• Liz Steel says:

        Hi Regina! Hope you are going well. I want to test the Sch once again … but if you want a purer colour the other options are better. I have more brands to test as well! 🙂

  • Hi Liz! Yes, I’d love to see your mixes with the French Ultramarine from Aquarius. I use 3 brands, Rembrandt, DS and Aquarius. I like the Aquarius French UM the better of the three. With DS I go for the normal UM, with Rembrandt the French one is more granulating than the normal one so I prefer it. Funny enough, my swatches for DS do not give me the same result as yours.. My DS swatches : UM is stronger than French UM, and French UM is a tad greener. I wonder if it is because I use the sticks?

    • Liz Steel says:

      Hi Astrid – I have my Aquarius paint out at the moment so I will definitely test it. Interesting that you find the DS French greener… it’s supposed to be the other way… but really not much difference 🙂

  • Cindy Cali says:

    Greetings Liz…. what color is HYM?

  • Zoe says:

    As always educational and fun. I like the W&N clarity and use all three. W&N was recommended for florals in a course I followed.

  • Mihaela SAVU says:

    Hi, Liz
    Very interesting your insights, especially for me – not an advanced watercolour artist 🙂
    If you don’t mind, can you please tell me if there is a big difference, if any between DS tube colours and DS pan colours, I mean assuming that they are the same shades. I have DS only in pans, boxes of 15 colours and 12 colours and I am wandering if I should stay with them ir I should “upgrade “ to the tube version, which are quite more expensive than the pans. I guess, my question is actually two questions:-) Is the pigment the same in tubes and pans and is it as easy to work with either pans or tubes? Thank you very much!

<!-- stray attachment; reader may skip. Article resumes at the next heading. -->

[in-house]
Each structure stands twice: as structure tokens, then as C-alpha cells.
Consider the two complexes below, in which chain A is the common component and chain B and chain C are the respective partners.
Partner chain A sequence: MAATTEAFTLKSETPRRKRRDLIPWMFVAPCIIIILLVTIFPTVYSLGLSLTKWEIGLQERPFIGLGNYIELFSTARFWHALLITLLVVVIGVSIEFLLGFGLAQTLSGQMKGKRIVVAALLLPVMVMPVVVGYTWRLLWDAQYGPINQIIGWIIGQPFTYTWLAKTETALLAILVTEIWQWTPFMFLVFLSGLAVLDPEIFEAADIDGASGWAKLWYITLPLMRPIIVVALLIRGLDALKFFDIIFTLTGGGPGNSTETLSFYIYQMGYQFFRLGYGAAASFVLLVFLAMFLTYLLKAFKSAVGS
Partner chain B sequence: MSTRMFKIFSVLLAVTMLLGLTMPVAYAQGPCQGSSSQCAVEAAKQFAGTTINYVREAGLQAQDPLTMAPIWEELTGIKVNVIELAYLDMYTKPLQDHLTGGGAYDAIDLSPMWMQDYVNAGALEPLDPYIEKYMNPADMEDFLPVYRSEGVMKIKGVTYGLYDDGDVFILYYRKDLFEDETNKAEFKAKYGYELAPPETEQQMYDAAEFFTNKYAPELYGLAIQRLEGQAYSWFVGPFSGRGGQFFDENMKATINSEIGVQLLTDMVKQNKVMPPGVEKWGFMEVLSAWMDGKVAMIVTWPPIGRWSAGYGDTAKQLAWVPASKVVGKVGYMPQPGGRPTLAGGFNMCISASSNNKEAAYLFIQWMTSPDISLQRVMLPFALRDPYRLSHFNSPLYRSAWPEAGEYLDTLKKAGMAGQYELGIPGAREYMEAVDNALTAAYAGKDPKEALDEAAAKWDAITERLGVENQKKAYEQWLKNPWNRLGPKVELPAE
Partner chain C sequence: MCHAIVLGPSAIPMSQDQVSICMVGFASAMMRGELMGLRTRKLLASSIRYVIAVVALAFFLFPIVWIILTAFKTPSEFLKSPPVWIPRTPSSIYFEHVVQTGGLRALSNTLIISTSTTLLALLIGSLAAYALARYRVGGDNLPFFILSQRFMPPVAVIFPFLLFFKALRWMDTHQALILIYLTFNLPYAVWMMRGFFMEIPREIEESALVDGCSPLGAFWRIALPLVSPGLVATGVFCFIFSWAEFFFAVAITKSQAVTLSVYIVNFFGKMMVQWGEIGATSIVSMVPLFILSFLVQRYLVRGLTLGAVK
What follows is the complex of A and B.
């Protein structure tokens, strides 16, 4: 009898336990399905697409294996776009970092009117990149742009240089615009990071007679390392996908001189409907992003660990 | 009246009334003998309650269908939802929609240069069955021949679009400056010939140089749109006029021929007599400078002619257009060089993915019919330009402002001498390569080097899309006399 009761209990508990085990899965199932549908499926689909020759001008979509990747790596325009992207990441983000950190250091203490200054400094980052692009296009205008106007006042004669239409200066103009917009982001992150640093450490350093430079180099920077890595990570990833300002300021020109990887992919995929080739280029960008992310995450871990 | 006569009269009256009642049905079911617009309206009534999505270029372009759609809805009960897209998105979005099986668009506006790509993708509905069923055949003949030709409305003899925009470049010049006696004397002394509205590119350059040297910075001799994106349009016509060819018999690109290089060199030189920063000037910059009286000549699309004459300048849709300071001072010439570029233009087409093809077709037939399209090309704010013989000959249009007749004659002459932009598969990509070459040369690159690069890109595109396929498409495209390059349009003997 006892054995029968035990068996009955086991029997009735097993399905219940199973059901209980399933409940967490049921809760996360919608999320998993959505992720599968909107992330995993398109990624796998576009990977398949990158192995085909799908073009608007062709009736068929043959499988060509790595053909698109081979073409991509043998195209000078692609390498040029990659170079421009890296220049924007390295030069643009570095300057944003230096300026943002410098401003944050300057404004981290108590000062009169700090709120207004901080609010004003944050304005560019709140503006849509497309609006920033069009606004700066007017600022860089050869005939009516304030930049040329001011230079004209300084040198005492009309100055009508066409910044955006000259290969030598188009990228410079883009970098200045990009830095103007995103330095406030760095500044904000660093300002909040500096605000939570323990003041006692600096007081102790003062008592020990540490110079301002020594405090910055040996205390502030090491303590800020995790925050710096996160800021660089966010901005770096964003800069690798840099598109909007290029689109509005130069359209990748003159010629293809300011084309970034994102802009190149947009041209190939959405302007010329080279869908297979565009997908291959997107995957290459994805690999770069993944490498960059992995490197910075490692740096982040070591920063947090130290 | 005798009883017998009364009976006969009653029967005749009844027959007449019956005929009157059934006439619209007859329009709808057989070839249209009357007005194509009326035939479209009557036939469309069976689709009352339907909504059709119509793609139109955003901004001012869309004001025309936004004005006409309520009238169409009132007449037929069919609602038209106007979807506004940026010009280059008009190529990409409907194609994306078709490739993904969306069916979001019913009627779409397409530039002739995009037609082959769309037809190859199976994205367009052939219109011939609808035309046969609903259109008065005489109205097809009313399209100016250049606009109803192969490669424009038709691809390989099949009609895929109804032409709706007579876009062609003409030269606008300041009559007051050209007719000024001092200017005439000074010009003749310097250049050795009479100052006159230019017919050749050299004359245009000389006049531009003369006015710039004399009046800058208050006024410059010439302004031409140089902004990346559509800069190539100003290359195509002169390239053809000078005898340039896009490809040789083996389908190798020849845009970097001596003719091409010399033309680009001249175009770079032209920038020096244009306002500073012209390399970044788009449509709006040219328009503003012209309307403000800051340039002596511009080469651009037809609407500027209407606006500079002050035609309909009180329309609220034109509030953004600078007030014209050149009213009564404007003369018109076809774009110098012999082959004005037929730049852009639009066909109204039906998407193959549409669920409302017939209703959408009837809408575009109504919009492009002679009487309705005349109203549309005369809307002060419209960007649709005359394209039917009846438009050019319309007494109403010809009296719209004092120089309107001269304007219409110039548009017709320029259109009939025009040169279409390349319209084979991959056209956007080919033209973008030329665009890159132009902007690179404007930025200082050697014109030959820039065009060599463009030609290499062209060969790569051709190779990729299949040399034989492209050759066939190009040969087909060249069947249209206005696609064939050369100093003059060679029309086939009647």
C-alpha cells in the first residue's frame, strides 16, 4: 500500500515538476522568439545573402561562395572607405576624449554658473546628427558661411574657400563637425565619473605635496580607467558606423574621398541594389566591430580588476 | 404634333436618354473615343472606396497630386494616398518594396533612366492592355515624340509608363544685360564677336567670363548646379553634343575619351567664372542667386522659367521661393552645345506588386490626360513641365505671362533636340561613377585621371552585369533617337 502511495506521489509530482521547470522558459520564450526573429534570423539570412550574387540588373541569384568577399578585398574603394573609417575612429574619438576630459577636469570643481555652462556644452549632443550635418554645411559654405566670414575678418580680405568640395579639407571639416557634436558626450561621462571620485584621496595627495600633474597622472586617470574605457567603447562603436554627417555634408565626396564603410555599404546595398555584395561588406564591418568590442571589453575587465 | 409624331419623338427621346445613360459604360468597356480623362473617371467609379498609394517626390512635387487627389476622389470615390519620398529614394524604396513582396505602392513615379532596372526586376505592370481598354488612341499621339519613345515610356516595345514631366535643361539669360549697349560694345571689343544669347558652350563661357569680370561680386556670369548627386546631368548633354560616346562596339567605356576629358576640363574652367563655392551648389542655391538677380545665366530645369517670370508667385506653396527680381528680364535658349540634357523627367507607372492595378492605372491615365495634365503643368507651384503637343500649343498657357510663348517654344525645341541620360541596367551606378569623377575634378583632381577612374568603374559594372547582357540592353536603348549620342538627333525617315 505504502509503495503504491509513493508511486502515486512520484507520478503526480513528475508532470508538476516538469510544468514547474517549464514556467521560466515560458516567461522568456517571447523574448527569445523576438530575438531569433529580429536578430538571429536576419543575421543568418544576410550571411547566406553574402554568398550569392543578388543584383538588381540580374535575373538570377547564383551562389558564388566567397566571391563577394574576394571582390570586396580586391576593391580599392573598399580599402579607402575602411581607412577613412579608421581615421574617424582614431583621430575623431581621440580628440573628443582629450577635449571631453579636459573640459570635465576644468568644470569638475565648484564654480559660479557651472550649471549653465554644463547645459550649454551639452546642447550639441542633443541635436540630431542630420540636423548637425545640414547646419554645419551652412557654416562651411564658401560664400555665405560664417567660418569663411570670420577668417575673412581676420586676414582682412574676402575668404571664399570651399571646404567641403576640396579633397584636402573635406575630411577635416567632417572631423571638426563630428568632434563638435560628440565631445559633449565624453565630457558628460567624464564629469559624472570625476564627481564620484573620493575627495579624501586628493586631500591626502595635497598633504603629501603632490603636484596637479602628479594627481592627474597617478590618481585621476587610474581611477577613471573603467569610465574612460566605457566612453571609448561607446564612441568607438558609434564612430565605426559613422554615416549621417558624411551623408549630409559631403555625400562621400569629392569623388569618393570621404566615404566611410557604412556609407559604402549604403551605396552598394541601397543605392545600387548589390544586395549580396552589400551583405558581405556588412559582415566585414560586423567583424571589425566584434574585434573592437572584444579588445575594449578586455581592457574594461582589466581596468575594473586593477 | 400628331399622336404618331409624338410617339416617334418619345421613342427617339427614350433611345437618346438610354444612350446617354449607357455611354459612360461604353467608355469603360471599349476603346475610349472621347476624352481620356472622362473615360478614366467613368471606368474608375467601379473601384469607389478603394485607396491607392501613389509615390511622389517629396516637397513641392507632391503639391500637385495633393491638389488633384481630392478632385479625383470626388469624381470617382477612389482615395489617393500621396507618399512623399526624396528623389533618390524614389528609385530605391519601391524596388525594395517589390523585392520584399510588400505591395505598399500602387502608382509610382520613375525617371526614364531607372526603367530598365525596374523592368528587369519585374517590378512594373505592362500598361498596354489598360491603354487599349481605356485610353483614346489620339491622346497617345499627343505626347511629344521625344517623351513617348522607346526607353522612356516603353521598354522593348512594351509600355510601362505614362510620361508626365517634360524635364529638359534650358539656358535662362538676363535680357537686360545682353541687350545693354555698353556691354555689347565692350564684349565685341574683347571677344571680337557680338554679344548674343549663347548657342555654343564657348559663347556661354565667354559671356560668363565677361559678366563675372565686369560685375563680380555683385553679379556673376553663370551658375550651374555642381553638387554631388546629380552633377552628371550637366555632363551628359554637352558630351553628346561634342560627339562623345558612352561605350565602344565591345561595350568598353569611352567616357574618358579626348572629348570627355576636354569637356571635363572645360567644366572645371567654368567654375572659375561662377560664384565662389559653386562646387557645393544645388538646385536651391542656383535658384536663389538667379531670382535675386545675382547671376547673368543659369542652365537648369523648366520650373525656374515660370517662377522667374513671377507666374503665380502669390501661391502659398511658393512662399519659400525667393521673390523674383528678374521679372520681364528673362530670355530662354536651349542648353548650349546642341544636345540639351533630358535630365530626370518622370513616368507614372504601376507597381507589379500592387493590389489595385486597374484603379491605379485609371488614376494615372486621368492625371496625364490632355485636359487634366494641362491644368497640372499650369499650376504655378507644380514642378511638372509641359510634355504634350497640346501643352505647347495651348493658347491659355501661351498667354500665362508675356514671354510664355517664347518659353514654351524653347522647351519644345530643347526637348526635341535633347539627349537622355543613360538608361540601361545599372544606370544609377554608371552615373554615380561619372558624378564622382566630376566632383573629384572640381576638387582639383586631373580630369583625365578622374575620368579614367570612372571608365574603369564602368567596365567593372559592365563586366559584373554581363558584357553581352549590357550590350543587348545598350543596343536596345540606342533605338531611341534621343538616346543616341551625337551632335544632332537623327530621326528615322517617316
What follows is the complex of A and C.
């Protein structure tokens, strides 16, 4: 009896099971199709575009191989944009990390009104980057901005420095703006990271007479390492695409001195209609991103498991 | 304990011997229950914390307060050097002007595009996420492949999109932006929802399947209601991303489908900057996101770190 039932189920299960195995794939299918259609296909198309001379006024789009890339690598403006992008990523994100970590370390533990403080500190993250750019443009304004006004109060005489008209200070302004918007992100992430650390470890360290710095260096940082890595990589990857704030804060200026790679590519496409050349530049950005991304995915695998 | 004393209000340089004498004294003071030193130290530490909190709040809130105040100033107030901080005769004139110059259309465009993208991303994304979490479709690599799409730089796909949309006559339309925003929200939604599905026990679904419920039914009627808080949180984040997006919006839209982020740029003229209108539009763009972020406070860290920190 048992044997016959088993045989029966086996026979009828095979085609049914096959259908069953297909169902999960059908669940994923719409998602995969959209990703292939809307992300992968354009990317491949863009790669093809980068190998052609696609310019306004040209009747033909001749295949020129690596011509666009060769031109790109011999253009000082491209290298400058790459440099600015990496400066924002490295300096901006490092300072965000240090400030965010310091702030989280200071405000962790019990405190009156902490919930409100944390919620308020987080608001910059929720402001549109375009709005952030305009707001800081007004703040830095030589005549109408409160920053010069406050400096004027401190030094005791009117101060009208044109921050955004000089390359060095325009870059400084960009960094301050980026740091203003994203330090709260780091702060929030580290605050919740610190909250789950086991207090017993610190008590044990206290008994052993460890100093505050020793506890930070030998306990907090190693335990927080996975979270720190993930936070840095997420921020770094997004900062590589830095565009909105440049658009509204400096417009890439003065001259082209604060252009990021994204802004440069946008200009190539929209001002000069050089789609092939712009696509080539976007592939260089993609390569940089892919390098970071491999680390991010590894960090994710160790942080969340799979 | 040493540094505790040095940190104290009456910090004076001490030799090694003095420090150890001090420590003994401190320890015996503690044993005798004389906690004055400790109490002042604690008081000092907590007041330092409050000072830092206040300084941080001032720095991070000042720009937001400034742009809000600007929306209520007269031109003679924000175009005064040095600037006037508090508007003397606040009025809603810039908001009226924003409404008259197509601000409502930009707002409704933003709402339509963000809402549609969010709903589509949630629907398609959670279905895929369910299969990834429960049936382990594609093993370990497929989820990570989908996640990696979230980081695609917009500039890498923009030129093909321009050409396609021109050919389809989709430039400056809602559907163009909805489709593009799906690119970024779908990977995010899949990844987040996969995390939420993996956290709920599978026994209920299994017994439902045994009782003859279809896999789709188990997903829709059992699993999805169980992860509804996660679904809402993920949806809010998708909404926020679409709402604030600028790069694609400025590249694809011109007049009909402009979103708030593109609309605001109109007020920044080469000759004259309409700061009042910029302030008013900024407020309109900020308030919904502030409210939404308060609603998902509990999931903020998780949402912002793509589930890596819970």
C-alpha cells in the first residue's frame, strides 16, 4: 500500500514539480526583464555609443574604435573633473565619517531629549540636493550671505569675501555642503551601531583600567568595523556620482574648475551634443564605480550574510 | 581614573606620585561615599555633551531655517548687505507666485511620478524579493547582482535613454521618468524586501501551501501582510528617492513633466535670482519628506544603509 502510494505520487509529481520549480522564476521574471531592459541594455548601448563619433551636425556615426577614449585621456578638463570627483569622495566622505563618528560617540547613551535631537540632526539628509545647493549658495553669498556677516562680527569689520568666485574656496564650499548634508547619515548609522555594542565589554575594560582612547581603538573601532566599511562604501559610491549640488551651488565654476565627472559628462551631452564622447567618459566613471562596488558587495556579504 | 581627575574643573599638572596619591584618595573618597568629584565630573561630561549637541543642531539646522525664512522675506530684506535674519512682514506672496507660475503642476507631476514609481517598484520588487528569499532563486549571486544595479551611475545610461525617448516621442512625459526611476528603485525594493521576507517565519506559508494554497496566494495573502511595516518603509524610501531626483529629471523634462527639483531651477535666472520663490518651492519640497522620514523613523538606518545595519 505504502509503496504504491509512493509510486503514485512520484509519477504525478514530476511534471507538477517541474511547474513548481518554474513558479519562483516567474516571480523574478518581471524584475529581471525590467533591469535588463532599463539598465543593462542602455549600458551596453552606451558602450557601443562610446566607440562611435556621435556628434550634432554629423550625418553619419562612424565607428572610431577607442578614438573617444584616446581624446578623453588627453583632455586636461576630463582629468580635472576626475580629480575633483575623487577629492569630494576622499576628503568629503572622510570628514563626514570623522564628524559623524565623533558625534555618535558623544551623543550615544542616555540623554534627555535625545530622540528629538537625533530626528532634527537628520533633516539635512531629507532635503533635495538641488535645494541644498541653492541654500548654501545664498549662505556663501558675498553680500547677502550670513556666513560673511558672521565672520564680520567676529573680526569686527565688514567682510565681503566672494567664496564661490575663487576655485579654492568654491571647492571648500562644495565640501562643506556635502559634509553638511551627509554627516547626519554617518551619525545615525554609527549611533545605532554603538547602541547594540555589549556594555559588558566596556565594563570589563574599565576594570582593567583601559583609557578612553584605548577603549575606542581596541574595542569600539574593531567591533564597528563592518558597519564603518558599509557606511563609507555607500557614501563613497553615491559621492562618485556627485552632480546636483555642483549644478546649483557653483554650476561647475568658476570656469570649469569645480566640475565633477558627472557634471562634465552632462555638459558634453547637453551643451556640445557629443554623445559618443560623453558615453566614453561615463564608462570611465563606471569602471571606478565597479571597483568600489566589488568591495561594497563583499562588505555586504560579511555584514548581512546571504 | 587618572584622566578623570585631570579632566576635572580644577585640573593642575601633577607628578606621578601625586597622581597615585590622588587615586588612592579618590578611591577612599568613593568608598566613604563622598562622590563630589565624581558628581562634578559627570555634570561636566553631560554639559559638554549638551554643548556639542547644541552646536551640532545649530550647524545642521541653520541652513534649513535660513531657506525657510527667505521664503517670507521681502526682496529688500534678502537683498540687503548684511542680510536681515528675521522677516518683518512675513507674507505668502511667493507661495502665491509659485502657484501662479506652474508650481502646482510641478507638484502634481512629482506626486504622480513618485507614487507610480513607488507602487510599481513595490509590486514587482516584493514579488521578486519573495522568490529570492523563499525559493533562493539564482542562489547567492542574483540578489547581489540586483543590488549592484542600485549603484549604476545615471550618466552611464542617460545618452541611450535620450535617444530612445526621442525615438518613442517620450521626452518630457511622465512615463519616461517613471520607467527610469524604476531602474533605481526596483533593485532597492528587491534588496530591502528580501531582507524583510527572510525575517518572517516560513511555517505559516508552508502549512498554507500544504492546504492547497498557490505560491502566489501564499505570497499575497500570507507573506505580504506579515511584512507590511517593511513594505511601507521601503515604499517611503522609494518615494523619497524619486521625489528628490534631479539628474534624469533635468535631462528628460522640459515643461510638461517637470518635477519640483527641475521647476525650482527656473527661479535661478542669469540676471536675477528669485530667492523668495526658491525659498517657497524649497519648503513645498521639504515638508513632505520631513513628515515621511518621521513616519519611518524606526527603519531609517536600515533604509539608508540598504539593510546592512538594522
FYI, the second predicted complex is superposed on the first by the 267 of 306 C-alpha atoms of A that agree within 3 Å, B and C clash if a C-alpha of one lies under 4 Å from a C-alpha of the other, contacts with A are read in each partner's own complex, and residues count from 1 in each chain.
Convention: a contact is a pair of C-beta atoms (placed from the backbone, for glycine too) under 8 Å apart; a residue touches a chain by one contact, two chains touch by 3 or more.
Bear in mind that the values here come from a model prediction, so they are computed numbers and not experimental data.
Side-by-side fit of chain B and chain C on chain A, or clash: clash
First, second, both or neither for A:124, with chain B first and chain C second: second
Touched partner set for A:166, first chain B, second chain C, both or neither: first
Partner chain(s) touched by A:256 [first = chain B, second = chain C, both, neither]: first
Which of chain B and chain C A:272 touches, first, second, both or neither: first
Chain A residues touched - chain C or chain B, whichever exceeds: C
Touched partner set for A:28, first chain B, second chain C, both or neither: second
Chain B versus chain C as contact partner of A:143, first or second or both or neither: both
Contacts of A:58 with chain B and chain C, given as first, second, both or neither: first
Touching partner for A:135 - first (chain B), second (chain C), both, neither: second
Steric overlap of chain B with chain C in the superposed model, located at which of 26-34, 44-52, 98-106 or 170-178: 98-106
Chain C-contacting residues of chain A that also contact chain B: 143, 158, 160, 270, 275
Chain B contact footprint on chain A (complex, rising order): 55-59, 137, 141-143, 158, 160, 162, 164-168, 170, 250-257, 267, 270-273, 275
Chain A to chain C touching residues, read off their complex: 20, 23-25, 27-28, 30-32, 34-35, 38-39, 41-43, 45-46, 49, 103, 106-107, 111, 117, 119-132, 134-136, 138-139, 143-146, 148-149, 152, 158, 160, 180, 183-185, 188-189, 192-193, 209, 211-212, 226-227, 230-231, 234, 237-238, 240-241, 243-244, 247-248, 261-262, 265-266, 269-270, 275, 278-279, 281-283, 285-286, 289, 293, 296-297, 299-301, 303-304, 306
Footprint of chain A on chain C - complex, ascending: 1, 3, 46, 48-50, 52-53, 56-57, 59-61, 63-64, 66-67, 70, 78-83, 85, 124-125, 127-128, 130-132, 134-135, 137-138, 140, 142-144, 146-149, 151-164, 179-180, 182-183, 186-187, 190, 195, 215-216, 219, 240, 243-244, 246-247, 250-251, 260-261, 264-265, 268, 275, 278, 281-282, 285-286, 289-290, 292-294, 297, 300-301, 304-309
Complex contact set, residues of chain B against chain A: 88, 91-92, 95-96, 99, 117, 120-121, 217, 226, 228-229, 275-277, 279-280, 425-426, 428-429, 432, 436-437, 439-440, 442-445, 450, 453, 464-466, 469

• Mihaela SAVU says:

    And I apologize that this question is not exactly on your today’s topic!

  • Terry James says:

    Another “Liztrick” to add to the growing list!

    I like that you are posting using the email distribution. Your’s are the emails that never get deleted to ensure inspiration is just an easy search away.

    You and Jane persuaded me into using DS paints. Nobody else does Monte, or Quin Gold like DS (still using some of the original version). But i still keep my old M. GRAHAMs for use in a pinch.

    Interested in your observations on the FUMB vs. UMB and brand. Likely this is an incentive to paint a bunch more to use up what I already have on hand before adding another blue!

  • Sharon says:

    Hi Liz! Is Schmincke’s Ultramarine Finest out because it’s not granulating? I prefer it for that reason. I’m studying botanical illustration so I prefer not to have my colors granulate, but I understand that you use granulating watercolors because it creates such dramatic skies.

  • Jamie A. says:

    These color and paint tests you do are always so wonderfully helpful! Certain aspects of Ultramarine frustrate me, including it getting too hard in the pan, and now I’m intrigued to try French Ultramarine instead. It may be just what I need!